“On the other hand, it should still be difficult to get to the European Championship. Otherwise, you dilute those efforts.”
Moves are afoot to amend the concept. It is understood that a proposal from the French Federation has been tabled which would see the 32 leading teams fight out a preliminary group round, involving home and away games, ahead of Eurobasket 2013 – in order to obtain 16 qualifiers for the finals.
That might be a workable compromise, hints Baumann, who is campaigning for 16 men’s teams in the Rio Olympics of 2016. But he has concerns about an increasingly enlarged calendar and its impact on the availability – and fitness – of the very best ballers. Less might be more.
“Do we need two European Championships in four years? Or should we be like football so we can have a better qualification system so that teams have more games at home?”
That idea is central to FIBA’s mission, that international basketball should solidify its own identity as a counterweight to the global reach of the NBA. More home ties equals more exposure on home soil and greater commercial opportunities, he said. Which, in turn, must accelerate a move away from the volunteer-based management of the past within national governing bodies and a irrevocable shift to the more professional structure which leading clubs already espouse.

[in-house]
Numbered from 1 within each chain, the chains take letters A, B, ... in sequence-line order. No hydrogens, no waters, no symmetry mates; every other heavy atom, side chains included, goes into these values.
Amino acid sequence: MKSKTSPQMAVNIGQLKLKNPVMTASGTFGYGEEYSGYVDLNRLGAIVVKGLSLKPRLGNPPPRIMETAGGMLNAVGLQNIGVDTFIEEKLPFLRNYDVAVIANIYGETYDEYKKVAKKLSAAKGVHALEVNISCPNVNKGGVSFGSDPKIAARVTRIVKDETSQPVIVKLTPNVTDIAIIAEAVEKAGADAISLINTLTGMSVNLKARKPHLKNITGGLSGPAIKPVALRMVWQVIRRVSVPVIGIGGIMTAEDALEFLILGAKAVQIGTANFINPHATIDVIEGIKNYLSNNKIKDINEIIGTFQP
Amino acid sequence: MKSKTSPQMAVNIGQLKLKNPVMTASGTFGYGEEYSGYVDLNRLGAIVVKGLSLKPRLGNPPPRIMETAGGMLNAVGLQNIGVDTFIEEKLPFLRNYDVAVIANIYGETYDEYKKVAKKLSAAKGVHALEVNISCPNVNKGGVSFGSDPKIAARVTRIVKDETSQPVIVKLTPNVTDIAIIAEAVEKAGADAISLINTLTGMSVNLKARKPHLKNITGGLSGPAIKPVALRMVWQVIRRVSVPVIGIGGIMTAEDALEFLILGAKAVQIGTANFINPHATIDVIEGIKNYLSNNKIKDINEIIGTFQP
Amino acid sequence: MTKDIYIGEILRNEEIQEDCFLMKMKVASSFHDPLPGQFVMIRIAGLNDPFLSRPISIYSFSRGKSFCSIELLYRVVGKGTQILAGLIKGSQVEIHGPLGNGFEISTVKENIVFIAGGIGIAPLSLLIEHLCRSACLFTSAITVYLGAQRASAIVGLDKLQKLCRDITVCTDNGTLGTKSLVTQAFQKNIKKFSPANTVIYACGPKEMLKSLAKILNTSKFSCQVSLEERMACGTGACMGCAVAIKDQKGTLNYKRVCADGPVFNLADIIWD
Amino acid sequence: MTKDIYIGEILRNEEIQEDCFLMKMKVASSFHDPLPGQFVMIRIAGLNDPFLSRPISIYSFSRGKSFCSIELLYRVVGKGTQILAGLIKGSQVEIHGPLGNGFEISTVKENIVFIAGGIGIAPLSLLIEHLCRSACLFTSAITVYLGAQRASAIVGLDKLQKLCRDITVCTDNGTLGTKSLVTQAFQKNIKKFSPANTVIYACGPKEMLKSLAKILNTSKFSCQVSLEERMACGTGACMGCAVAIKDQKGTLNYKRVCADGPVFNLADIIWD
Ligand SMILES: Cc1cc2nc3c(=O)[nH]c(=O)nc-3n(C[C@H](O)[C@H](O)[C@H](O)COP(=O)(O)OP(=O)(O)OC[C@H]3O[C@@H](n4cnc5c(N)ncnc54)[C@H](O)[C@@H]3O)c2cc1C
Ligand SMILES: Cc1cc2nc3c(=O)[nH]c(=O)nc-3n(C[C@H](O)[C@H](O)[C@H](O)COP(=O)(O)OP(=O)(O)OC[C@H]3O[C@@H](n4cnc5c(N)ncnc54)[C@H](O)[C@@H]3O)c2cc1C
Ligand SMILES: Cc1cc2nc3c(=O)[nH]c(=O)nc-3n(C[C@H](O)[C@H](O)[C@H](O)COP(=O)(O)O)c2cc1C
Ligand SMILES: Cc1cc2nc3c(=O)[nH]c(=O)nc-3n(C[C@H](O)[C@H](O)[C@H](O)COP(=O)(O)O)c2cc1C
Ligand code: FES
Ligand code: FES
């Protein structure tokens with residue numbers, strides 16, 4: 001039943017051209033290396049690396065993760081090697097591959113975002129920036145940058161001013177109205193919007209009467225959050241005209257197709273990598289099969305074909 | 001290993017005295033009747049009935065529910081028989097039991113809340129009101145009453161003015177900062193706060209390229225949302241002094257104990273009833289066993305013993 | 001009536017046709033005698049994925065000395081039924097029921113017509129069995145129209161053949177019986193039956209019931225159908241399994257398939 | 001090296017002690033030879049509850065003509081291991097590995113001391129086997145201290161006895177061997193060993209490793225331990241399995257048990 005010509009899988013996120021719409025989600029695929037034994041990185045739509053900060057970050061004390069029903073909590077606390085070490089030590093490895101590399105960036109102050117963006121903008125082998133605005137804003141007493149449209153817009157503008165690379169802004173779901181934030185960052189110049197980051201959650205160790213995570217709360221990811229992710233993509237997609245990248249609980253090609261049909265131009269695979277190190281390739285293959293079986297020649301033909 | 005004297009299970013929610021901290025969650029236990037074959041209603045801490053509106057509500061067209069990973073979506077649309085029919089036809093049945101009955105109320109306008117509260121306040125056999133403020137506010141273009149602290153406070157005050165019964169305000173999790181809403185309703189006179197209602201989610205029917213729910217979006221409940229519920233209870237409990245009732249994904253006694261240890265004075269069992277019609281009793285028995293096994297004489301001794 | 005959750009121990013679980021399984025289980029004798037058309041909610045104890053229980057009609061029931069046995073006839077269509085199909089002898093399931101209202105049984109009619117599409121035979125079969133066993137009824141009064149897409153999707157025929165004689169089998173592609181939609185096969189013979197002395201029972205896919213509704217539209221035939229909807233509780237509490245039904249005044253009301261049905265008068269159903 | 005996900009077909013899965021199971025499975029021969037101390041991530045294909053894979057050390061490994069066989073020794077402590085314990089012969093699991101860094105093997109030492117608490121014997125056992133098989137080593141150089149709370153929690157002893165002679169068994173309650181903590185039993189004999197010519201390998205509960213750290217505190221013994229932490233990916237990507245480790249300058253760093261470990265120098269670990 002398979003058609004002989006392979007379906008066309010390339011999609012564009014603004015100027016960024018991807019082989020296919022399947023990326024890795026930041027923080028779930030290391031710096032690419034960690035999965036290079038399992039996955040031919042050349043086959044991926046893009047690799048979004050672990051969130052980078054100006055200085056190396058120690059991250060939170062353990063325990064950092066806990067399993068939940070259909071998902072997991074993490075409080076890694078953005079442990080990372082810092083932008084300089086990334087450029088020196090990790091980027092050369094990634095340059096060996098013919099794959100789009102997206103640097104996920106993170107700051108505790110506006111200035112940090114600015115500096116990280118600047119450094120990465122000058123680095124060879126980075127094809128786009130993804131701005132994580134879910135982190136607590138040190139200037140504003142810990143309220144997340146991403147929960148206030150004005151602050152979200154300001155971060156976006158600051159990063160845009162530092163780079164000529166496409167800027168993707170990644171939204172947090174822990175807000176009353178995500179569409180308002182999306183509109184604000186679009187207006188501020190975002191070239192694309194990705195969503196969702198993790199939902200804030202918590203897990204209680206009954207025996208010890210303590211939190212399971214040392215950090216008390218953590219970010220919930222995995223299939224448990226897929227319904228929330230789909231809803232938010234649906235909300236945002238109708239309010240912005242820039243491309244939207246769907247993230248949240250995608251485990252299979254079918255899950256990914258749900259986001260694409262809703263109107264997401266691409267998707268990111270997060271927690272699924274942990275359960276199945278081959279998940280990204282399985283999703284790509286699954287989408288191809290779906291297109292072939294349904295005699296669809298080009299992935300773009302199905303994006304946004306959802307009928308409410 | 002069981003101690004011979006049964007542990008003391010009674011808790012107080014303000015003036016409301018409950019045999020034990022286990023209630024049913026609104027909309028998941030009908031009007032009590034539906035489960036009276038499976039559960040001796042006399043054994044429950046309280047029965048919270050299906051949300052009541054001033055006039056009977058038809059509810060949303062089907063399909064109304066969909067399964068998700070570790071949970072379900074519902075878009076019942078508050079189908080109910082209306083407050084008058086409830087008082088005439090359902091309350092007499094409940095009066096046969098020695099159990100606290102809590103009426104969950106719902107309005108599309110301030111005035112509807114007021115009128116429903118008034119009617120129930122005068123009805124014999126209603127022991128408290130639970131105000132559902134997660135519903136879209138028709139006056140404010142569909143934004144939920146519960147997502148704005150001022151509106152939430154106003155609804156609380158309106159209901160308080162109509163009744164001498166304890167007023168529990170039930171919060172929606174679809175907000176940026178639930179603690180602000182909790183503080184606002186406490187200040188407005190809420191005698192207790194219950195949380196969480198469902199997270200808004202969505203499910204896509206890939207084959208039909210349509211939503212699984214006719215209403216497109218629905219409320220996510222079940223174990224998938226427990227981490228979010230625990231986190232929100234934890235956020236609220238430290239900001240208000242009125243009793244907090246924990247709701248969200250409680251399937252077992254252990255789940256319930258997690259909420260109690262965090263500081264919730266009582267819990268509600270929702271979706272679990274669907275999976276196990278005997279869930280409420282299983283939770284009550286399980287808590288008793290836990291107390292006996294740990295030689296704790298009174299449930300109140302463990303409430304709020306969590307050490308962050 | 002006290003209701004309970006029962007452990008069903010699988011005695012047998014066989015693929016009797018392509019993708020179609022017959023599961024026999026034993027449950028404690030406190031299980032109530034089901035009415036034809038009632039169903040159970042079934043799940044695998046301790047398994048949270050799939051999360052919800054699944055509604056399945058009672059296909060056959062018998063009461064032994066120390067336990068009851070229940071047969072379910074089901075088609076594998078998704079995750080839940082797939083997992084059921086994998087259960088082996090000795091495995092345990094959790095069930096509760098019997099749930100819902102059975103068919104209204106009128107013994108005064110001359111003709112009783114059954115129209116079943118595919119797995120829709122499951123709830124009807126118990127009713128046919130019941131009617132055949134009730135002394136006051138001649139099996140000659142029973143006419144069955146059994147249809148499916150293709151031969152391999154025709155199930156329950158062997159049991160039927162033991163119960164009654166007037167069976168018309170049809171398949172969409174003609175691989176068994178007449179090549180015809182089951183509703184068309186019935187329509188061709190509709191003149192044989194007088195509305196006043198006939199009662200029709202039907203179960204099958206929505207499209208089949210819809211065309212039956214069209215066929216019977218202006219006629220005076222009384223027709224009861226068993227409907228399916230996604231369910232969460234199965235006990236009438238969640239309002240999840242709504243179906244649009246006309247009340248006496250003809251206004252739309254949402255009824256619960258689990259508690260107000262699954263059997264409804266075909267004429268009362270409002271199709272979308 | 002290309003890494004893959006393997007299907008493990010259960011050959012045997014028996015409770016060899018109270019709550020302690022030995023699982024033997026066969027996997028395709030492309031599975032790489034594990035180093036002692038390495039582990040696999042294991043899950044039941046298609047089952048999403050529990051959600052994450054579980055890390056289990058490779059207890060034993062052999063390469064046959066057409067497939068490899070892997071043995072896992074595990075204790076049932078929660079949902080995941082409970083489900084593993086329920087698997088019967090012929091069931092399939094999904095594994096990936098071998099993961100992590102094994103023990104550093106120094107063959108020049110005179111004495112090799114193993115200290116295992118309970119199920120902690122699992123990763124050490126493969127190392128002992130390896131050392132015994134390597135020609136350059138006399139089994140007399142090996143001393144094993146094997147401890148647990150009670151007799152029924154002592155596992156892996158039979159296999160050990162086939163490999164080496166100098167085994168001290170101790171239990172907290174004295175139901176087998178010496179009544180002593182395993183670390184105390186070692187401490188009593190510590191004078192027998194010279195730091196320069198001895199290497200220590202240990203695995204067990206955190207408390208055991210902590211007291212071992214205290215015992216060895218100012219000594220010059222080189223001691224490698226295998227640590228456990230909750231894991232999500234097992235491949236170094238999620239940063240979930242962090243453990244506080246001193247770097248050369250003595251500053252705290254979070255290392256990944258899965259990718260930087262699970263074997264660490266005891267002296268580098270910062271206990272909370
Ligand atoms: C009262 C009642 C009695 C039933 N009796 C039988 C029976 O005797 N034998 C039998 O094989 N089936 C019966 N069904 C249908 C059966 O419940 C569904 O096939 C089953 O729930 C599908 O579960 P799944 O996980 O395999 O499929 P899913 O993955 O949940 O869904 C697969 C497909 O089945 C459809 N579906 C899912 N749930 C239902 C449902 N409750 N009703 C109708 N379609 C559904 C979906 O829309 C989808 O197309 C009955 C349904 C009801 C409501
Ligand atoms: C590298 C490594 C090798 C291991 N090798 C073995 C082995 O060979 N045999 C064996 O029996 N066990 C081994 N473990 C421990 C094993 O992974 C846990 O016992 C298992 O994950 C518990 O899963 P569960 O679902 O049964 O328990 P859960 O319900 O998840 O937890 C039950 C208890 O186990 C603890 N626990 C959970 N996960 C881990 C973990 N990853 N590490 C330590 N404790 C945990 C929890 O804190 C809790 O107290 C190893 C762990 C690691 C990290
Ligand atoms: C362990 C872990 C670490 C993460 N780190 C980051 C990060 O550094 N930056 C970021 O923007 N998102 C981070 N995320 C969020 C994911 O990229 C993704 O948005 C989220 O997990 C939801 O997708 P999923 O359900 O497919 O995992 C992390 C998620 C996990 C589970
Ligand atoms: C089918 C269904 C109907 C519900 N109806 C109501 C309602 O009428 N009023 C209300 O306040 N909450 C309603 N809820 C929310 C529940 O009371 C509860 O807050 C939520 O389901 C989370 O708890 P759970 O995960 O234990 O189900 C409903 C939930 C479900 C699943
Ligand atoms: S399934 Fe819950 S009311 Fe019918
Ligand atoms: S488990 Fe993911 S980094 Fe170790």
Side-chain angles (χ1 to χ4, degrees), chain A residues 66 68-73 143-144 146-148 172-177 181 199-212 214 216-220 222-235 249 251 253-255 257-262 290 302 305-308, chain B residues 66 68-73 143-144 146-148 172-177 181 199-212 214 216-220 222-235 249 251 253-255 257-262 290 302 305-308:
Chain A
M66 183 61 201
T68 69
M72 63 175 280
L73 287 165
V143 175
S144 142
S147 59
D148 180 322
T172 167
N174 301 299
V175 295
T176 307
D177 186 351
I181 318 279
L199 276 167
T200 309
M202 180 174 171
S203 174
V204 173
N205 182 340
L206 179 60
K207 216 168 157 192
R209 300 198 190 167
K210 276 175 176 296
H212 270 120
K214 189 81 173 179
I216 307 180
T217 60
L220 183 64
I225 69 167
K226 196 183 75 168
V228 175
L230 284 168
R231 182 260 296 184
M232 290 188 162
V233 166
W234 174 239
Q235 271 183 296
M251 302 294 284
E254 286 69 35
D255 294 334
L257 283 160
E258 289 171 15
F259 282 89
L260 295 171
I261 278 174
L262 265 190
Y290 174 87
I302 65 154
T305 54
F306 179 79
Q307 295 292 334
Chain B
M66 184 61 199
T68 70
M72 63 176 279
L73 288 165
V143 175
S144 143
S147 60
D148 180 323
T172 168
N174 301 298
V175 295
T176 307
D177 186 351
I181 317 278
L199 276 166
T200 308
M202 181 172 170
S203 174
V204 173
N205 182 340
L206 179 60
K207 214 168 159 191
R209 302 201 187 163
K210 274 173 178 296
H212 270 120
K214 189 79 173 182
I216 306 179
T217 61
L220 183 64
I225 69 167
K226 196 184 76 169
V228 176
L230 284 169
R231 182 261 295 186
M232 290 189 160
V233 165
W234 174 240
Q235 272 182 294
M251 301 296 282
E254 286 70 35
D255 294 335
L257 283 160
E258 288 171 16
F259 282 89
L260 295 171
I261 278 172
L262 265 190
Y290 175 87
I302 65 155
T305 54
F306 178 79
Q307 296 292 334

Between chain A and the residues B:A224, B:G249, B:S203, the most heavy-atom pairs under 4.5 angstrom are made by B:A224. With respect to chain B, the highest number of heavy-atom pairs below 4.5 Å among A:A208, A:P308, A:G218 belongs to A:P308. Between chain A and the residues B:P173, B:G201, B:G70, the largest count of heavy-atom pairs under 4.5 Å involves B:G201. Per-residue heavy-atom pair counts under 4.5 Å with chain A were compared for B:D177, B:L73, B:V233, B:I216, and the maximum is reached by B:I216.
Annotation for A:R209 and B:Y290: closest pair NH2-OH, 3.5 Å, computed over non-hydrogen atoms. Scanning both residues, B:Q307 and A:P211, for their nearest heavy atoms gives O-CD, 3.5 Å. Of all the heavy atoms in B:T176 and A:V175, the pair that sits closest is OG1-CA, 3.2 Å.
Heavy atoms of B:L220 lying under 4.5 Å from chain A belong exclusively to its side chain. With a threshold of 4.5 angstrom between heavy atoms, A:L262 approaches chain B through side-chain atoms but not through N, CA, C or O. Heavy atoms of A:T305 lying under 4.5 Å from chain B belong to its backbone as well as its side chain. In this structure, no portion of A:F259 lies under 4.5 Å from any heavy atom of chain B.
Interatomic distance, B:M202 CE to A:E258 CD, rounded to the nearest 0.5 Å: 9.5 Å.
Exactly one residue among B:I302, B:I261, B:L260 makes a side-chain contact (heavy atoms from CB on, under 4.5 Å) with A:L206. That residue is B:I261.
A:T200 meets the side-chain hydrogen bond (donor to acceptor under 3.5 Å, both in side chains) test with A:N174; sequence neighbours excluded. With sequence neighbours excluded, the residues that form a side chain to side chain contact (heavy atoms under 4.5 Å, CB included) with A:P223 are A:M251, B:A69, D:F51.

The NBA is the model to which all others aspire. Yet, the North American league has its critics who are troubled by David Stern’s drive to relentlessly expand overseas.
“We have had our share of discussions on this subject,” Baumann reveals. “There are differences but never on the substance of the fact that they do things.”
There are political sensitivities involved. Due respect must be shown on both sides.
However Baumann is dismissive of those who would close their borders rather than capitalise on the global popularity of the NBA. Tap into their investment and their publicity machine, he says, rather than fearing it.
“They want to sell jerseys. They want to find partners. They want to increase their audience. That’s fine. It helps the game. If they play regular season games in London, people will come, you will write about it and basketball will grow.
“If someone from England Basketball picks up the phone and says ‘they didn’t give me 50 tickets, I only got 20’, I’ll say go to hell because you don’t understand the real value of their activity.”
Leader first and diplomat second, Baumann, foremost, is a big picture guy.